By Clifford W. Zink

This beautifully illustrated volume tells the story of Princeton University’s unique system of Eating Clubs, which have been the center of dining and social life for most of its juniors and seniors since the late 19th century. The majestic clubhouses lining Prospect Avenue have also provided homes away from home for tens of thousands of alumni returning to campus for events and Reunions. Now, for the first time, the origins, evolution, and architectural grandeur of the Princeton Eating Clubs are described in a captivating manner that sheds light on the growth of one of the world’s great universities and changes in American society that influenced Princeton and the independent clubs. The eleven private clubs that continue to operate as they have since the beginning, and the University, which now owns five former club buildings, all cooperated in the author’s research and documentation. Striking images from the University archives and exclusive new photos illustrate the creativity of the clubs’ architects, some of whom had a lasting impact on collegiate design and American architecture as a whole.

Princeton-based author Clifford W. Zink has written six previous books that have won six awards, and he has also received several historic preservation awards.

This full-color, hardcover book is 12 by 10 in. with 192 pages and over 500 illustrations. The book is $75 and is available to order now. To order your copy, please contact Ivy’s Steward at [email protected] or (609) 924-2236, or visit

Graduates in the News

Award-winning filmmaker Alexander “Xandy” Janko ’91 recently made his directorial debut with Year by the Sea. Based on Joan Anderson’s New York Times bestselling memoir, the film won 16 festival awards (including Best Screenplay, Best Actor, and Best Film) before its national release this fall.

Hospice and palliative care specialist Dr. Bernard “B.J.” Miller ’93 appeared on the Oprah Winfrey Network last May to discuss the important lessons he’s learned after years of working with terminally ill patients.

The Kansas City chapter of the Urban Land Institute presented land-broker Whitney Kerr ’56 with its Lifetime Achievement Award for his “leadership in the responsible use of land.”

Doug Schachtel ’01 co-founded the Portfolio School in New York City, which focuses on “guided choice and a personalized education” and is part of a growing trend of schools rooted in technology and creativity-based teaching.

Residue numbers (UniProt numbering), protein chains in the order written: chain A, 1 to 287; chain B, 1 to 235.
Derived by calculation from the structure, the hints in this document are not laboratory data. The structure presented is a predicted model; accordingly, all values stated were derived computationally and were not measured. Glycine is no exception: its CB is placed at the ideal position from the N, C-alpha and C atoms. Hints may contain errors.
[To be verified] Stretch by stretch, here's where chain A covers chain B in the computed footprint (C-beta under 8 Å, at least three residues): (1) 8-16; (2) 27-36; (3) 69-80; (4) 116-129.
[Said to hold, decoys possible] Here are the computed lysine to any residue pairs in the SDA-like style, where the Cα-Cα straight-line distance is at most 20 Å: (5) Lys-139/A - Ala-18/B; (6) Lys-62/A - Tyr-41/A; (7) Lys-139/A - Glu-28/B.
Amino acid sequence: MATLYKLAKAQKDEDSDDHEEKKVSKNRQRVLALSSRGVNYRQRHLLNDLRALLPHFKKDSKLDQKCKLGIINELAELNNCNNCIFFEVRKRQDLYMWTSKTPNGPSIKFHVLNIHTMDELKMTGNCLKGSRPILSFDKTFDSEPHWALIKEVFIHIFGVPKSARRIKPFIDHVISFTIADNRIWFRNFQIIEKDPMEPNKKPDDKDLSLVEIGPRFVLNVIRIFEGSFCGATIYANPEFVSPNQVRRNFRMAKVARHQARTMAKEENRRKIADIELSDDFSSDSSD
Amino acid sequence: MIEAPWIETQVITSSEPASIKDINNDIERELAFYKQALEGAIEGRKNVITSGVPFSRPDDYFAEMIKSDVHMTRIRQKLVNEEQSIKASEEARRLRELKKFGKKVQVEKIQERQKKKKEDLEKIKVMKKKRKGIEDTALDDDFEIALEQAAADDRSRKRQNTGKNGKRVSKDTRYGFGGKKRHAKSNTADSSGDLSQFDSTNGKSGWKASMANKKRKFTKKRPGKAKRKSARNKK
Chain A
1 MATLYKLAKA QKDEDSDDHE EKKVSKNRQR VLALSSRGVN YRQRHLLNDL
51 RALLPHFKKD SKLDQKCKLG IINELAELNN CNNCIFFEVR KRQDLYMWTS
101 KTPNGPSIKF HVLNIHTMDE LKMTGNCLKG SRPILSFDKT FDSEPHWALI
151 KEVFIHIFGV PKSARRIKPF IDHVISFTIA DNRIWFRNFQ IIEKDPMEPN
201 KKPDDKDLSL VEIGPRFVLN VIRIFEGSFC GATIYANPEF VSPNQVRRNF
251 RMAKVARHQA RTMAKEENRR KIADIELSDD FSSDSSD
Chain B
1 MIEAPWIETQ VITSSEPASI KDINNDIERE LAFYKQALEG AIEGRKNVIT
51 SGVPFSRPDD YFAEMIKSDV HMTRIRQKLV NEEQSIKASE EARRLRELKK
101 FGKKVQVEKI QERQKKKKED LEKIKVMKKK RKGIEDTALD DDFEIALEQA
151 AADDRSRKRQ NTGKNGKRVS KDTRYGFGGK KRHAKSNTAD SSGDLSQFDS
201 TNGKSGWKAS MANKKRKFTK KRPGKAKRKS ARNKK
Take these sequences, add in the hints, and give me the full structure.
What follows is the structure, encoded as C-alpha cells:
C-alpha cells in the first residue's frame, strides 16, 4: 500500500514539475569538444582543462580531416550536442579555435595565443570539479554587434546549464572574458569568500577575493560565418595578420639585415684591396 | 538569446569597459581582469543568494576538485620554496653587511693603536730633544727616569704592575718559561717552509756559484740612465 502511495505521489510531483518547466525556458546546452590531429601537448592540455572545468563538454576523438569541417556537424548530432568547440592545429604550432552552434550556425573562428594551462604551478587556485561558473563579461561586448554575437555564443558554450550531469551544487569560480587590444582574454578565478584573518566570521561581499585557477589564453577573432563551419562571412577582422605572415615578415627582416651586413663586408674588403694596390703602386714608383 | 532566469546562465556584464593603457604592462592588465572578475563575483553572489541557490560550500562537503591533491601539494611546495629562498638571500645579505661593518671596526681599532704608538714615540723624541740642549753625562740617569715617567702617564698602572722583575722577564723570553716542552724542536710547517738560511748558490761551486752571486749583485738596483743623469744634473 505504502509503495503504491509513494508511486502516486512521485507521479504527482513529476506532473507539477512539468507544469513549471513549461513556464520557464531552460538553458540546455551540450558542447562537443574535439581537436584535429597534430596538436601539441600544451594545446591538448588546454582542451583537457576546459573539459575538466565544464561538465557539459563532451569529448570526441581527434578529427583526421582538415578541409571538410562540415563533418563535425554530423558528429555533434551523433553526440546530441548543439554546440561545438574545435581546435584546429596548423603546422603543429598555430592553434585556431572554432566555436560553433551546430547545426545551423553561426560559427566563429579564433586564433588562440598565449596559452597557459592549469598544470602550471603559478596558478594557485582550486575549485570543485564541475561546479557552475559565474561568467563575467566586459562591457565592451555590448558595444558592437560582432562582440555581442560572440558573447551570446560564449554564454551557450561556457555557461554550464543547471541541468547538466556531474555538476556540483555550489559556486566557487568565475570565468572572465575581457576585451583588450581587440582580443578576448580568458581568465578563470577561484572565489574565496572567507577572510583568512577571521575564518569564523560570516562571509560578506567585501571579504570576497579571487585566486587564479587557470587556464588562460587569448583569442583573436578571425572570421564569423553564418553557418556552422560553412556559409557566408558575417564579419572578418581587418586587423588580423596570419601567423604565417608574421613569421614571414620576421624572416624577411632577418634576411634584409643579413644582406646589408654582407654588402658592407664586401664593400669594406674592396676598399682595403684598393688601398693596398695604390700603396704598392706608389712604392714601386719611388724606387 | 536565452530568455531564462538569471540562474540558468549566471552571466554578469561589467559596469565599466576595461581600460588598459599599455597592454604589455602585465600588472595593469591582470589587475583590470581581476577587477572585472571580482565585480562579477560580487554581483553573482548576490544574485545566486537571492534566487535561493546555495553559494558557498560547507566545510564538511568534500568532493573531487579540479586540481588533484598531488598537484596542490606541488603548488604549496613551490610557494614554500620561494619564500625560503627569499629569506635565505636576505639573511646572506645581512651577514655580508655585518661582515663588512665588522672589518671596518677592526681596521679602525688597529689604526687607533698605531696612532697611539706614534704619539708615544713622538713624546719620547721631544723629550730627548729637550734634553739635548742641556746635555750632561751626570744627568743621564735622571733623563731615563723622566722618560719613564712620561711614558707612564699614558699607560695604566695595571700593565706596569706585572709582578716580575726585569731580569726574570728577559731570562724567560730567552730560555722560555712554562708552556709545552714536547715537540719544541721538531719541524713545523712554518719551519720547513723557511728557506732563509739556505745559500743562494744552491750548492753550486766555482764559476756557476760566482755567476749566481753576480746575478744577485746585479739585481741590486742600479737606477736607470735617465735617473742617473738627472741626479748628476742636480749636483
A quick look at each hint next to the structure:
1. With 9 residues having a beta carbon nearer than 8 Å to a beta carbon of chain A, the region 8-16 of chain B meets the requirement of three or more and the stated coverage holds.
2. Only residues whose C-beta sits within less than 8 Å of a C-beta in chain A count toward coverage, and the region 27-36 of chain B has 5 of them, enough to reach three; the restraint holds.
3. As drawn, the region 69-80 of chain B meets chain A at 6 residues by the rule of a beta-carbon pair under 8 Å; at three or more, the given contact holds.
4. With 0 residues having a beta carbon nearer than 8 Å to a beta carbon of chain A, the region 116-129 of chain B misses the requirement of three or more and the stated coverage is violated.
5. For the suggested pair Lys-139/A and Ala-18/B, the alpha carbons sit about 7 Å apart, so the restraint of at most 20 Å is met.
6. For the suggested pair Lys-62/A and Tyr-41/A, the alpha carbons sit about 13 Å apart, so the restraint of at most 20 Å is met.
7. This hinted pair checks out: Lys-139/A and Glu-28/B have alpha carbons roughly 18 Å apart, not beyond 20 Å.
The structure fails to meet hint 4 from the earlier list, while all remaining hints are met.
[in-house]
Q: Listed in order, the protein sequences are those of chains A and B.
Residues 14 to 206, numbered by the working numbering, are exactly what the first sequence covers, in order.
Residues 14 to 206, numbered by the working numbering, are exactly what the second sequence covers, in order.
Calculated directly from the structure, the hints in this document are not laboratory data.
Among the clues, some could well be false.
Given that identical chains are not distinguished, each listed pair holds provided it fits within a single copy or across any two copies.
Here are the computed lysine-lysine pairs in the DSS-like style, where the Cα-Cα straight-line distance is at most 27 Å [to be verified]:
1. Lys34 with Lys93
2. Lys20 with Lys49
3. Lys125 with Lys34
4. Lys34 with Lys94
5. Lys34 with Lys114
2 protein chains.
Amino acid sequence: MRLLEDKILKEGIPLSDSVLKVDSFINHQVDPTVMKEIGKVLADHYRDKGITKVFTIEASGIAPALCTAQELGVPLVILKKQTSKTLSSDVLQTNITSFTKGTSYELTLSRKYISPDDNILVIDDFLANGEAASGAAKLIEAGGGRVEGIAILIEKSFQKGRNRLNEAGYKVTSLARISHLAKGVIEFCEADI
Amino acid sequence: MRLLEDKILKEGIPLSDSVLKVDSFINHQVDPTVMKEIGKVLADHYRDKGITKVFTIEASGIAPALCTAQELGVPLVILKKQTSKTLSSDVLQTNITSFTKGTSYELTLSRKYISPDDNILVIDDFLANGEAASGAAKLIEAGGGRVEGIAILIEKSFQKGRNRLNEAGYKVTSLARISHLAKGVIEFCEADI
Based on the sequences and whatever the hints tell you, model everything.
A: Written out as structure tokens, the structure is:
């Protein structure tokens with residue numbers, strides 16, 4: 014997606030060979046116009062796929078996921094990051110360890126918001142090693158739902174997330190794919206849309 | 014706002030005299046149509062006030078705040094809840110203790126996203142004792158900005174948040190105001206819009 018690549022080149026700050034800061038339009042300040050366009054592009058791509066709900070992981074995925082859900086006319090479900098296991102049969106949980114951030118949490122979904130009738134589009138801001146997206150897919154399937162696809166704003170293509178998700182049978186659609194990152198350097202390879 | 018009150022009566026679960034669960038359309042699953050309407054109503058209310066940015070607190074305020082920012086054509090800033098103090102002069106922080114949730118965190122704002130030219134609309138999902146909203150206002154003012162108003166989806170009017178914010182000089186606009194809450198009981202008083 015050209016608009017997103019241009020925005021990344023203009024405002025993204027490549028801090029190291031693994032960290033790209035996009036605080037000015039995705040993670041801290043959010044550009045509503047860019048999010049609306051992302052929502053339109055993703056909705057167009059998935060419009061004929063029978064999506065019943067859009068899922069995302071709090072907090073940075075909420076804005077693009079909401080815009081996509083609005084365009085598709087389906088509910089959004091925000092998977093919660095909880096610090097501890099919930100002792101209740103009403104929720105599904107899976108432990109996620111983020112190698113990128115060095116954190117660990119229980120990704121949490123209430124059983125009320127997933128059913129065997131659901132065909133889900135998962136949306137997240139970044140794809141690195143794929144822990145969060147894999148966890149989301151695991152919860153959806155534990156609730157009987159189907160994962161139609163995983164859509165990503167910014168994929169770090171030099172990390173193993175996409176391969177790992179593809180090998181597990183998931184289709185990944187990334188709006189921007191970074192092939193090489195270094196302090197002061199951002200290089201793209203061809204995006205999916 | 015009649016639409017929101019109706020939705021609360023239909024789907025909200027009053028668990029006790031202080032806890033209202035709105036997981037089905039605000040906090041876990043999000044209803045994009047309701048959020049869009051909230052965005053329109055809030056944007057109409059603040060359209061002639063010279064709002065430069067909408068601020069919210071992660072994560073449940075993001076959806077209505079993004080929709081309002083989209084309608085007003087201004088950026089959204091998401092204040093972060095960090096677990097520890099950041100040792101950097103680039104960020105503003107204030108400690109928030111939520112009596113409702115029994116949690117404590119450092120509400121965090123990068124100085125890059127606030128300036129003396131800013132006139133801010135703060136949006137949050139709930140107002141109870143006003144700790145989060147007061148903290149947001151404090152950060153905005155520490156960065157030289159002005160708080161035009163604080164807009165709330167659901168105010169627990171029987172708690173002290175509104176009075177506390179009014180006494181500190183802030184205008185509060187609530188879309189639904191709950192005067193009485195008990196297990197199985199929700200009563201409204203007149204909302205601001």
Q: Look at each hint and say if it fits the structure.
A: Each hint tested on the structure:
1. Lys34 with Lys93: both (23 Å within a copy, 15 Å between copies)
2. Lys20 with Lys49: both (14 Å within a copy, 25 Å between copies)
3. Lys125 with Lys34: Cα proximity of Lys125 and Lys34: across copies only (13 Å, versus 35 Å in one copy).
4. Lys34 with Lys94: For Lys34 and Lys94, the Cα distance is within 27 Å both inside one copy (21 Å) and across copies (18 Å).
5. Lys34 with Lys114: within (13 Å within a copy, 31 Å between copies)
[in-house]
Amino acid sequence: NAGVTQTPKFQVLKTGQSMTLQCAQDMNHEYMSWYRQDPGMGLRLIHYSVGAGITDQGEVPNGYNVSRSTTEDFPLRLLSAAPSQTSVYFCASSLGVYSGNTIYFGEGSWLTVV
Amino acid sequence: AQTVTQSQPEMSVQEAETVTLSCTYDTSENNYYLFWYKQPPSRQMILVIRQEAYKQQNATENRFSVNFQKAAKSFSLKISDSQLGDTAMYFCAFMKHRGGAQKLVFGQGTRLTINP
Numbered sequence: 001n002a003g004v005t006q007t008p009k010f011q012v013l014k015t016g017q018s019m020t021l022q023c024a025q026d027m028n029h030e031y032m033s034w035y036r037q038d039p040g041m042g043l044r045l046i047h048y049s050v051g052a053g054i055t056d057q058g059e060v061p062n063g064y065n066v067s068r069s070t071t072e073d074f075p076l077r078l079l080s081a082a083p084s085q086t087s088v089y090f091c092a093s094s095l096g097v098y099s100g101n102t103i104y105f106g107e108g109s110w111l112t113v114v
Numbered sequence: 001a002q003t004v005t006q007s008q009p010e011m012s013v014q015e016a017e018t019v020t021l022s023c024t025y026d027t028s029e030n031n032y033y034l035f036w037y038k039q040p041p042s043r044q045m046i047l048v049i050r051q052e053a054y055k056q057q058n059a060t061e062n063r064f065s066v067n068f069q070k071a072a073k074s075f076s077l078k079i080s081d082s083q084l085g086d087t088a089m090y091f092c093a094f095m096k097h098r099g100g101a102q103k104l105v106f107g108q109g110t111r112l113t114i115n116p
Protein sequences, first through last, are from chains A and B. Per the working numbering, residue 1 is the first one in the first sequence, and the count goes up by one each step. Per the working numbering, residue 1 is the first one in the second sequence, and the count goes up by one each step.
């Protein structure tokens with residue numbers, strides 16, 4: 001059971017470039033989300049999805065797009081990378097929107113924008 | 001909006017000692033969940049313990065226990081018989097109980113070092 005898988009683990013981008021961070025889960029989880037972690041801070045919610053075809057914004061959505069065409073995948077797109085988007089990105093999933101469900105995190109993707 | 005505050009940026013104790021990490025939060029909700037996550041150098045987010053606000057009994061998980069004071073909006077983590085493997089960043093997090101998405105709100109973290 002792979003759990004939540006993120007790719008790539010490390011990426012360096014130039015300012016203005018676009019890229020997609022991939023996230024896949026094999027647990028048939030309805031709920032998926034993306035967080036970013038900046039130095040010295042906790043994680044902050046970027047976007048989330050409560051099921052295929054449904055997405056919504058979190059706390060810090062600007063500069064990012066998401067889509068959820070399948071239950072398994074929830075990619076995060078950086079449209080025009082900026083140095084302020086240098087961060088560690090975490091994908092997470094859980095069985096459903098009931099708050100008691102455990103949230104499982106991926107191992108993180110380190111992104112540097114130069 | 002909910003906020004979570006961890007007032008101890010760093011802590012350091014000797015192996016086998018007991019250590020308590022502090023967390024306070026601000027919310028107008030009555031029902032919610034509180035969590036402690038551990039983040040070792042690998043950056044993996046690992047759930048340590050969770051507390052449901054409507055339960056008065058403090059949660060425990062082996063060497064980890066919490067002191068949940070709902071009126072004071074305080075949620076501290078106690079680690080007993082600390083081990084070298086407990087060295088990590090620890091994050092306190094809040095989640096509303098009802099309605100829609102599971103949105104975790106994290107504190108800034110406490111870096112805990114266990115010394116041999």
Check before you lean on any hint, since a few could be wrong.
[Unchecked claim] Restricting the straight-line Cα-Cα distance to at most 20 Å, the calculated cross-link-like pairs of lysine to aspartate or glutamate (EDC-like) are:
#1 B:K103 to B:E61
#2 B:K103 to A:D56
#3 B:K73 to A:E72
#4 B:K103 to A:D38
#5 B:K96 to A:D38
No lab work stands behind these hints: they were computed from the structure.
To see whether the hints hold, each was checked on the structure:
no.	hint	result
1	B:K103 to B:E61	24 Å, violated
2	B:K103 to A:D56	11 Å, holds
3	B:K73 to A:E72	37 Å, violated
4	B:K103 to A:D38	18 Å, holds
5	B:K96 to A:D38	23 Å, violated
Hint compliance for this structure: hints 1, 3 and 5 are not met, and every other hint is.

Ryann Manning ’01 received Harvard Business School’s Dean’s Award for her work in Sierra Leone during the Ebola crisis. She co-founded a charity dedicated to improving health care for children and mothers in Sierra Leone.

The David Geffen School of Medicine at UCLA has awarded orthopedic surgeon Nicholas Bernthal ’02 the 2017 Leonard Tow Humanism in Medicine Award in recognition of his “clinical excellence and outstanding compassion in the delivery of care.”

The Los Angeles Times announced that Kerry Song ’04 has started a vegan food company called The Abbot’s Butcher, which produces a variety of plant-based products “that taste so good even meat-eaters will want a bite.”

University of Hawaii mechanical engineering professor John Allen ’88 has been elected to the Acoustical Society of America’s College of Fellows for his contributions to the understanding of ultrasound contrast agents.

Actress Ellie Kemper ’02 continues to garner critical acclaim for her starring role in the Emmy-nominated Netflix comedy Unbreakable Kimmy Schmidt. Currently in its third season, the show has been renewed for a fourth season.

Author Bianca Bosker ’08 will star alongside actress Judy Kuhn and comedian Mo Rocca on the live show (and podcast) In Your Face, which features sketches, songs, and monologues at the Merkin Concert Hall.